Language Values

The possible values for the Language parameter (based on the Microsoft Locale ID values table):

Language (Locale) Code
Arabic (Algeria) 5121
Arabic (Bahrain) 15361
Arabic (Egypt) 3073
Arabic (Iraq) 2049
Arabic (Jordan) 11265
Arabic (Kuwait) 13313
Arabic (Lebanon) 12289
Arabic (Libya) 4097
Arabic (Morocco) 6145
Arabic (Oman) 8193
Arabic (Qatar) 16385
Arabic (Saudi Arabia) 1025
Arabic (Syria) 10241
Arabic (Tunisia) 7169
Arabic (U.A.E.) 14337
Arabic (Yemen) 9217
Basque 1069
Bulgarian 1026
Catalan 1027
Chinese (Hong Kong S.A.R) 3076
Chinese (Macau S.A.R) 5124
Chinese (People’s Republic of China) 2052
Chinese (Singapore) 4100
Chinese (Taiwan) 1028
Croatian 1050
Czech 1029
Danish 1030
Dutch (Belgium) 2067
Dutch (Netherlands) 1043
English (Australia) 3081
English (Belize) 10249
English (Canada) 4105
English (Caribbean) 9225
English (Ireland) 6153
English (Jamaica) 8201
English (New Zealand) 5129
English (Republic of the Philippines) 13321
English (South Africa) 7177
English (Trinidad) 11273
English (United Kingdom) 2057
English (United States) 1033
English (Zimbabwe) 12297
Estonian 1061
Filipino (Philippines) 1124
Finnish 1035
French (Belgium) 2060
French (Canada) 3084
French (France) 1036
French (Luxembourg) 5132
French (Principality of Monaco) 6156
French (Switzerland) 4108
German (Austria) 3079
German (Germany) 1031
German (Liechtenstein) 5127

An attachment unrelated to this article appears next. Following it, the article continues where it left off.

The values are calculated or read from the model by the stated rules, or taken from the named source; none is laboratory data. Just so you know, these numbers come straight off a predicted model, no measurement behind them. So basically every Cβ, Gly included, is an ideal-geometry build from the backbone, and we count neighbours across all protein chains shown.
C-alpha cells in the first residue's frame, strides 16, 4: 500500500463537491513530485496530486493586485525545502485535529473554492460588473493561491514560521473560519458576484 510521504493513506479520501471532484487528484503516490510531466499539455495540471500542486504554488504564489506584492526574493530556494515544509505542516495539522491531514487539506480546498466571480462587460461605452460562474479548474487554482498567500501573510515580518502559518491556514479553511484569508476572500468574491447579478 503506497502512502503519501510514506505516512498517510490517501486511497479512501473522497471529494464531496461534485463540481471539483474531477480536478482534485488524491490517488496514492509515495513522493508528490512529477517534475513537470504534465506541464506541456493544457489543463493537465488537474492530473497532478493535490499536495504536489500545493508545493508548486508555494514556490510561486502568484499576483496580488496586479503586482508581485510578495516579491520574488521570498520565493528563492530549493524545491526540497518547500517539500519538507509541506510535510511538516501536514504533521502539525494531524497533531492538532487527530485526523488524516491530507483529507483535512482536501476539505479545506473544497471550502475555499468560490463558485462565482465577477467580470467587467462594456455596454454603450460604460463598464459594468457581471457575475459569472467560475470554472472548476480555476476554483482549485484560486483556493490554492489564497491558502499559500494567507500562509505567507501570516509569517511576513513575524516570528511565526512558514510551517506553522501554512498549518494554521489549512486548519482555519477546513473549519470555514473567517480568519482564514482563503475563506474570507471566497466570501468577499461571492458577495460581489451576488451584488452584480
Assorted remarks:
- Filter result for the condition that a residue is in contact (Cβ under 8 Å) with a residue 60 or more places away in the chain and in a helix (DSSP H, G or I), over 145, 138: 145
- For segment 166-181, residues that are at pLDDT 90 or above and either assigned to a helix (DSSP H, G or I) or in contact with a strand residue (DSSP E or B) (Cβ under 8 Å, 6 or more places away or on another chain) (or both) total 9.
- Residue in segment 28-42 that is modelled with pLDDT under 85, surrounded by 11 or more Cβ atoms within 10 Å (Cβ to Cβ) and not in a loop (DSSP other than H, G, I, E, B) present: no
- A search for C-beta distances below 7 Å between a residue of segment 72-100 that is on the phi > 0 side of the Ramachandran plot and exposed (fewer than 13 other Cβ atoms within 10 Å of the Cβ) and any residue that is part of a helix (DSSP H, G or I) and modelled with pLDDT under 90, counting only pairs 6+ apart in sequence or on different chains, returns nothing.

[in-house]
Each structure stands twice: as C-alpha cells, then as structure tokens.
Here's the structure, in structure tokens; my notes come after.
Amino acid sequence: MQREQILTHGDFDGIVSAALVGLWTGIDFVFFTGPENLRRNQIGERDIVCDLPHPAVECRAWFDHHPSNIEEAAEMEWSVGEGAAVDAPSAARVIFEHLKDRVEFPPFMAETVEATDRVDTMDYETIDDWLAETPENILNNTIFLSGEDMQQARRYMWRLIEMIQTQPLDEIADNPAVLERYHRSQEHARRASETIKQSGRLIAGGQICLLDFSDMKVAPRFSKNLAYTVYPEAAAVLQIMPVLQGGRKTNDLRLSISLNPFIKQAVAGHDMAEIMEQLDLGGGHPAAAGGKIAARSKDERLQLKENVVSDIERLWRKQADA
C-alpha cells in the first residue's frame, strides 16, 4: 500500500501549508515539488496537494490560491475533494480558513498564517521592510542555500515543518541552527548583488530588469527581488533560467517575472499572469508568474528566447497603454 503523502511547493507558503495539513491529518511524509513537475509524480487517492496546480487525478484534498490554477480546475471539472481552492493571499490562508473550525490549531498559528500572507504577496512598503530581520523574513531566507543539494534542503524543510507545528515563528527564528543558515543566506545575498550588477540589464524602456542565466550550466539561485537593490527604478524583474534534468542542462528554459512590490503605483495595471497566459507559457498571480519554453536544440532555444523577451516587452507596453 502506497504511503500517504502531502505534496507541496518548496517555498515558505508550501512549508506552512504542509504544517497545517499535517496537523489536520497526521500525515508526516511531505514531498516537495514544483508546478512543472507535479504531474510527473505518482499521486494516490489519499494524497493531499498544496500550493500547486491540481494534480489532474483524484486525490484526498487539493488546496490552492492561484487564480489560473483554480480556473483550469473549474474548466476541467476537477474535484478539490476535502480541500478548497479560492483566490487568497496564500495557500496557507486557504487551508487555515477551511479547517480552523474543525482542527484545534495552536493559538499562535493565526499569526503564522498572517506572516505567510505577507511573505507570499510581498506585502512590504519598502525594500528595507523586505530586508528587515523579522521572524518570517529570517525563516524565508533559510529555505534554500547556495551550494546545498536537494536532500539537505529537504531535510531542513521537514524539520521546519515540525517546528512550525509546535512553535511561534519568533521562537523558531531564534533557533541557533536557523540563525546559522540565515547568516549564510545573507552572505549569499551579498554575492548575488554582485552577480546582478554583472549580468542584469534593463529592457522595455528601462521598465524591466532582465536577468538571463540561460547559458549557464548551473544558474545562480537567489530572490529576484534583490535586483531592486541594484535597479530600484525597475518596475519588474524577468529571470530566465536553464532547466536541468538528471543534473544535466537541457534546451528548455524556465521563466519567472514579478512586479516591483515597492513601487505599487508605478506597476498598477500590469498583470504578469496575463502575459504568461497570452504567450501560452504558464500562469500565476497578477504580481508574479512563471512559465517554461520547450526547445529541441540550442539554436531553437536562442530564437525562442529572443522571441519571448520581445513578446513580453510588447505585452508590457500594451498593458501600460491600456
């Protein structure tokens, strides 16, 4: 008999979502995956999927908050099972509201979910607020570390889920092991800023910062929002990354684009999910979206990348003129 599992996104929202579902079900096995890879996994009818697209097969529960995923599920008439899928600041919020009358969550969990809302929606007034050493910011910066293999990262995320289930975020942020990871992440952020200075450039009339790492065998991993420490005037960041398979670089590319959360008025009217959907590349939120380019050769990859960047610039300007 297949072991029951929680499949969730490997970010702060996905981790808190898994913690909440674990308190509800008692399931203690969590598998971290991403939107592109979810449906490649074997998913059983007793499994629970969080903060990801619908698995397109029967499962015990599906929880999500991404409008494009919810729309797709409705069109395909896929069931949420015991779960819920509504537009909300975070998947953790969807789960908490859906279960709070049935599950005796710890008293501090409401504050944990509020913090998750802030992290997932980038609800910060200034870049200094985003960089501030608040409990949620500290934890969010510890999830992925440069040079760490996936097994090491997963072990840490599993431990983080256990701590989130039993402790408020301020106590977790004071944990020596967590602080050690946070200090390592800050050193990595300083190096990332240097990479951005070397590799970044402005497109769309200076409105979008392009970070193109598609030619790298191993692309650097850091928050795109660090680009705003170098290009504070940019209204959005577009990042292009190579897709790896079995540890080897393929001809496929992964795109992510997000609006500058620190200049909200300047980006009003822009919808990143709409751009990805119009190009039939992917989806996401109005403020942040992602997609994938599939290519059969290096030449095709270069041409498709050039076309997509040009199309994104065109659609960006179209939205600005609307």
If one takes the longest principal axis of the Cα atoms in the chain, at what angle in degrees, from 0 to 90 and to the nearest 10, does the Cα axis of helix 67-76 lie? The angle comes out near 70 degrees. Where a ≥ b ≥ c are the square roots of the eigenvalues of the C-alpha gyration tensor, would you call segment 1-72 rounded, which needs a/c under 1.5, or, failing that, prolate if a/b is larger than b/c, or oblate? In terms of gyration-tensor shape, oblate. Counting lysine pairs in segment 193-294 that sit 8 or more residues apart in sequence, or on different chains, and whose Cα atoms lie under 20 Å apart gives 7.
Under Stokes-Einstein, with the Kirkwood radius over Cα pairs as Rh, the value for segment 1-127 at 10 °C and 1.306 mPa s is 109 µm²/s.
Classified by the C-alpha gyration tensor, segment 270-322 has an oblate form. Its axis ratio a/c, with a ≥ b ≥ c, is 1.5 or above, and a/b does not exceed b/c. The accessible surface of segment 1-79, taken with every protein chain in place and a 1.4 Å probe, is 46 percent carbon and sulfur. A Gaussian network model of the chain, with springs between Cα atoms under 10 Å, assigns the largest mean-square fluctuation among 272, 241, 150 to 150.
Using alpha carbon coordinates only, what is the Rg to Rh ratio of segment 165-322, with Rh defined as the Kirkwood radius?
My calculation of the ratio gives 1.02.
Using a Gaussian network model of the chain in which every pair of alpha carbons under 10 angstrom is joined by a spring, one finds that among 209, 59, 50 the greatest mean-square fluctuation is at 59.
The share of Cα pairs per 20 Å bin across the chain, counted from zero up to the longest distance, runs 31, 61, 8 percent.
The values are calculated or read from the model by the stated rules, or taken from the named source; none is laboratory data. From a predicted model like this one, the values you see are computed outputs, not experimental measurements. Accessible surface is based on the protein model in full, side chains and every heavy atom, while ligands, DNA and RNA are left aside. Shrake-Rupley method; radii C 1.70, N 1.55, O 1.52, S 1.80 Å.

German (Luxembourg) 4103
German (Switzerland) 2055
Greek 1032
Hebrew 1037
Hindi 1081
Hungarian 1038
Icelandic 1039
Indonesian 1057
Italian (Italy) 1040
Italian (Switzerland) 2064
Japanese 1041
Kazakh 1087
Korean 1042
Latvian 1062
Lithuanian 1063
Malay 1086
Norwegian (Bokmål) 1044
Persian 1065
Polish 1045
Portuguese (Brazil) 1046
Portuguese (Portugal) 2070
Romanian 1048
Russian 1049
Serbian (Cyrillic) 3098
Serbian (Latin) 2074
Slovak 1051
Slovenian 1060
Spanish (Argentina) 11274
Spanish (Bolivia) 16394
Spanish (Chile) 13322
Spanish (Colombia) 9226
Spanish (Costa Rica) 5130
Spanish (Dominican Republic) 7178
Spanish (Ecuador) 12298
Spanish (El Salvador) 17418
Spanish (Guatemala) 4106
Spanish (Honduras) 18442
Spanish (Mexico) 2058
Spanish (Nicaragua) 19466
Spanish (Panama) 6154
Spanish (Paraguay) 15370
Spanish (Peru) 10250
Spanish (Puerto Rico) 20490
Spanish (International Sort) 3082
Spanish (Traditional Sort) 1034
Spanish (Uruguay) 14346
Spanish (Venezuela) 8202
Swedish (Finland) 2077
Swedish (Sweden) 1053